Art@Site Elina Chauvet Reds Shoes Mexico

Elina Chauvet


Reds Shoes

This artist's red shoes stand in for all the women lost to violence
Elina Chauvet's red shoes are worldly. They've been in Milan, Italy, and Grand Rapids, Michigan. Not just one pair, but hundreds '' red boots, red heels, red toddler shoes. They're not there to see the sights, but to take up space. Especially when the women or girls who would have worn them no longer take up any space, except in the lives of their loved ones.
For more than a decade, Chauvet has staged her 'Los Zapatos Rojos' installation in cities around the world. In January, the 60-year-old Mexican artist helped activists paint 300 shoes red and laid them out in pairs in an open, public place: inside Mexico City's historic square. Some of the pairs '' four of them '' had once belonged to women who had been victims of gender-based deadly violence. To mark their absence, two mothers had personally painted and placed their daughters' shoes inside the plaza.
For Chauvet, red takes on several meaniodshed, but also change and hope and love, according to the artist.
On Monday, nearly two months since Chauvet's installation, Mexican activists launched a nationwide, 24-hour women's strike, known as #UnDiaSinNosotras (A Day Without Us) on social media. There were fewer women and girls in work places, schools, the streets and other public spaces to demonstrate what it would be like if there were no women. Activists hoped the action will further pressure government officials into taking action against femicide in the country.
Mexico officially made 'femicides' '' the killings of women because of their gender '' legally distinct from homicides in 2012. That change was meant to lead to tougher penalties and a greater support system for victims.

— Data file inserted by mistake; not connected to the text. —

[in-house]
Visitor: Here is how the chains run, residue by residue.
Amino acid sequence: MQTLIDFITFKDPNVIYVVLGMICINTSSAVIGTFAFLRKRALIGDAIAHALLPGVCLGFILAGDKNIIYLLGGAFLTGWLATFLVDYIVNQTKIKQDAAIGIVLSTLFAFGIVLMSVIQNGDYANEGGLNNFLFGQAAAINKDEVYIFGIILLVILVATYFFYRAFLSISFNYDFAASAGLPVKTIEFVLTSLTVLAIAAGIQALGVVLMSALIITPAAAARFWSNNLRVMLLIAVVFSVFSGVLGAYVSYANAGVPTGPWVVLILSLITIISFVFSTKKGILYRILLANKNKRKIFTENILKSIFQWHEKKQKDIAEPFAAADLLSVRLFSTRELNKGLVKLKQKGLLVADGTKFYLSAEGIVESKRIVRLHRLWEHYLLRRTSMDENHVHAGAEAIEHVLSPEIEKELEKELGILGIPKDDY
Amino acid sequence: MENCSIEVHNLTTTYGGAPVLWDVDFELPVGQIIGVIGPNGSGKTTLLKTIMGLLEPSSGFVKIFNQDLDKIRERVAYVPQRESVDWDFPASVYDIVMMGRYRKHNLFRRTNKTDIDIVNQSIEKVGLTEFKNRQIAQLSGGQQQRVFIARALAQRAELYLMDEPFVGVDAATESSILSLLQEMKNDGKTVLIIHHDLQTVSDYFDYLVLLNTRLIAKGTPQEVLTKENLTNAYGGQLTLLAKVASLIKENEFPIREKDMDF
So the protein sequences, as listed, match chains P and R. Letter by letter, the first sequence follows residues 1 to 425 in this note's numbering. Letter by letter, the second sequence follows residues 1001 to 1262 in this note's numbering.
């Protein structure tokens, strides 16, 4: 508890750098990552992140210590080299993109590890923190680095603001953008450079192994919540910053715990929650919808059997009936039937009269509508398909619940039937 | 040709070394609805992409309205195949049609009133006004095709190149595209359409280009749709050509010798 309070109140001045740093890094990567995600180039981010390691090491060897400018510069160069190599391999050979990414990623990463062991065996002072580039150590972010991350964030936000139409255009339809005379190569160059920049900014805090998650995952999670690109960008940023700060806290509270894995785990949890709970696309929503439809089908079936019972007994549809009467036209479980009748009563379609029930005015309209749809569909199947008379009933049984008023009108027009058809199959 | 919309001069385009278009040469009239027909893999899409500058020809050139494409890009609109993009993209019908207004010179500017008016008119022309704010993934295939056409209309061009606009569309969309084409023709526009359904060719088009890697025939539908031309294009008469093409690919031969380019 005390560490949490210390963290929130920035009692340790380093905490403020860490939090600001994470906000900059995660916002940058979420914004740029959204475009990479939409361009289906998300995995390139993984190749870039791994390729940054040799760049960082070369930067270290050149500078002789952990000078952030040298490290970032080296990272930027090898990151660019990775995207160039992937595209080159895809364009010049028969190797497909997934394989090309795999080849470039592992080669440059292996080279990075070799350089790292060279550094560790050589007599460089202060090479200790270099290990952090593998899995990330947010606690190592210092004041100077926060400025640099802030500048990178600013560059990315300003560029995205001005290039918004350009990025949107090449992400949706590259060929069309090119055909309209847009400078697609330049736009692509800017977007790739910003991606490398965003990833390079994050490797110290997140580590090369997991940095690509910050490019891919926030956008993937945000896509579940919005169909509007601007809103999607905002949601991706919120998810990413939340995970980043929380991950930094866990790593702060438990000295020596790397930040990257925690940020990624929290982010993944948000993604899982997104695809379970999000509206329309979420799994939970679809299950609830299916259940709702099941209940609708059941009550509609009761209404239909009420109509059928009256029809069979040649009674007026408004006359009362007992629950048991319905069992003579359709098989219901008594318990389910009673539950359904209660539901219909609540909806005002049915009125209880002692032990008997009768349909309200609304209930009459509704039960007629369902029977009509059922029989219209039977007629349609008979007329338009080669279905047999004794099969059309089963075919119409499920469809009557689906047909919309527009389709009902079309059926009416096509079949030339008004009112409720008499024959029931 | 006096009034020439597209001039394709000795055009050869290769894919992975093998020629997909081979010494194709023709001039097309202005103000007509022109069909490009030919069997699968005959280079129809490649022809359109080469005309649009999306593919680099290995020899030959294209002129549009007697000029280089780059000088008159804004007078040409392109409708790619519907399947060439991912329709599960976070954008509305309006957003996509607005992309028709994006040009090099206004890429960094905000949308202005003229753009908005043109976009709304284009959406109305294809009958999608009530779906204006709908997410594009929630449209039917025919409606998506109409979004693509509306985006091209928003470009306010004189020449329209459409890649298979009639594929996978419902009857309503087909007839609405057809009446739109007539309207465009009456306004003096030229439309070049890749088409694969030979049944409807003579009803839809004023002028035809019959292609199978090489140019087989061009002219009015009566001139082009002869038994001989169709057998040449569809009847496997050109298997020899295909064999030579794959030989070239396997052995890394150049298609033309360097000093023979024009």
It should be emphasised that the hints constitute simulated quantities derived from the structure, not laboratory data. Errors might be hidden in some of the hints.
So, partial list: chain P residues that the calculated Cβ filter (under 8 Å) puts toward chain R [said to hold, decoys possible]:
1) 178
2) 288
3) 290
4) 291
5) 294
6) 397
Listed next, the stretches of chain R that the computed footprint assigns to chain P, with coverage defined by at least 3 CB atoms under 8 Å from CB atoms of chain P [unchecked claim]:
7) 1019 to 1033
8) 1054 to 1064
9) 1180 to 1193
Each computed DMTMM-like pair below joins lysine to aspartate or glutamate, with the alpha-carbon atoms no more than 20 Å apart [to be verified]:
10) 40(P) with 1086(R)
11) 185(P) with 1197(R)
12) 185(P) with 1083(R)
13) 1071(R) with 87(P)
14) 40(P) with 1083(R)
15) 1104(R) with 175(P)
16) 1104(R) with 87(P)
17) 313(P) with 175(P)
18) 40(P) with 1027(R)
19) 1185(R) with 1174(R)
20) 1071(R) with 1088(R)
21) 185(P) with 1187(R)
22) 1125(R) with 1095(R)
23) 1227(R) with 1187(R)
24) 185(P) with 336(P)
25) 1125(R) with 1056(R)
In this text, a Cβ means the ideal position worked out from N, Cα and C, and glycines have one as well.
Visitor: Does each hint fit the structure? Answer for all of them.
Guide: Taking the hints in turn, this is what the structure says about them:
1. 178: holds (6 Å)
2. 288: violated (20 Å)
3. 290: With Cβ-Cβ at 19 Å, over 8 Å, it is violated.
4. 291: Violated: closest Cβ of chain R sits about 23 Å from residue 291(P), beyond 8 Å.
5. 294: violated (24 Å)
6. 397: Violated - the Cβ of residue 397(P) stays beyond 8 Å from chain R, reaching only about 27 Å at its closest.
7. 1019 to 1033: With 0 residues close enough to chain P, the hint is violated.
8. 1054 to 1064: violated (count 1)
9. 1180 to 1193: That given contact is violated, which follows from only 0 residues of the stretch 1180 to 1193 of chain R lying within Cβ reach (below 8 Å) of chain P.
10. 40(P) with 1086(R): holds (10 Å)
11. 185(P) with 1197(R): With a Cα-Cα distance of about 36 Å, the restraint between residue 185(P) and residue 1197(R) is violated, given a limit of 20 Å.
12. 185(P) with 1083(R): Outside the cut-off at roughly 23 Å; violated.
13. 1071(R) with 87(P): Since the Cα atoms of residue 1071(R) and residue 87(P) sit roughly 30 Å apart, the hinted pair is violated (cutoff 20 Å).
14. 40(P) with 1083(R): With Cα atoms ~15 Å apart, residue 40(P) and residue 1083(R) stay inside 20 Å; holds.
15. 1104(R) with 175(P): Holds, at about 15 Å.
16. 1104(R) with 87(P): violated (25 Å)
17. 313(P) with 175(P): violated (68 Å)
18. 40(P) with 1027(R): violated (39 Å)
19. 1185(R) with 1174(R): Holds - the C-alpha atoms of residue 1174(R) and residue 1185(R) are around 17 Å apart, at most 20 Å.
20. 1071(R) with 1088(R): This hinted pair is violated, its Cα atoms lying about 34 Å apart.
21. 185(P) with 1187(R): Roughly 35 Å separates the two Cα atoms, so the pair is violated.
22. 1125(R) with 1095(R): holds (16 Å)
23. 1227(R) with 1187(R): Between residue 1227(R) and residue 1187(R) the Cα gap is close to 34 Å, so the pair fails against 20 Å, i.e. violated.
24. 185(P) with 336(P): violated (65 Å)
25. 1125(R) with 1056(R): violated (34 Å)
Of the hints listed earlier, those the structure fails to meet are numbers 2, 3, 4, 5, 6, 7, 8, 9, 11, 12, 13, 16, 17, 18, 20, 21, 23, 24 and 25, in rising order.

On average, 10 women and girls are killed each day in Mexico, according to an oft-cited statistic. That number has risen since 2016, when official government figures put the number at eight per day. But not all female murder victims are classified a that can differ in each country according to their specific legal definition.
You shared your voices and continue to take a stand with us '' for all women and girls. On June 4th, we hosted a Virtual Red Shoes Installation and march with Elina Chauvet and more frontline defenders, partners, and friends from across the globe '' in Nigeria, Pakistan, Russia, Afghanistan, and more.
On the 20th of August, 2009, Mexican architect and artist, Elina Chauvet, made an installation in memory of hundreds if not thousands of young women who disappeared, were tortured and then were killed in Juárez during 1990s and 2000s.A border city with the United States, Juárez, Mexico, has a population of nearly two thousand and is a free trade zone. This makes it vulnerable to drug trafficking and the town's cheap labor is also used by American corporations. These factors combine to produce a culture of abuse, particularly towards women who work in thies. The term '˜Femicide' was coined in Juárez making it an iconic city and raising awareness all over the world about gender-driven violence, a situation that continues even today.
It is not the first time that a symbolic act of memory transcends the actual territory and the specific event it refers to. That is the case of Red Shoes, an installation replicated over 80 times since its first creation in 2009. Sometimes Red Shoes aims to commemorate the women of Juarez and at other times it is about denouncing general violence against women. The traveling of this piece has been possible thanks to associations, universities, artists, activists and independent groups. The original 2009 installation consisted of 33 pairs of donated red female shoes that were placed along Juarez Avenue, the main street connecting Mexico to the US. The second time was in 2012, in Sinaloa, where this time Chauvet collected 300 pairs of donated shoes. Many installations followed and are still taking place around the world - thrk is a concept that can be reproduced anywhere.
The actual logistics of this installation are not complicated; its complexity lies in the fact that it symbolizes a public catharsis of pain. Thanks to the red female shoes, the focus is on women and a message that needs to be shared out loud, comprising issues such as domestic, workplace or any other gender-related violence. Another unique trait is that it brings together people from inside and outside of the art world and its message resonates on so many levels.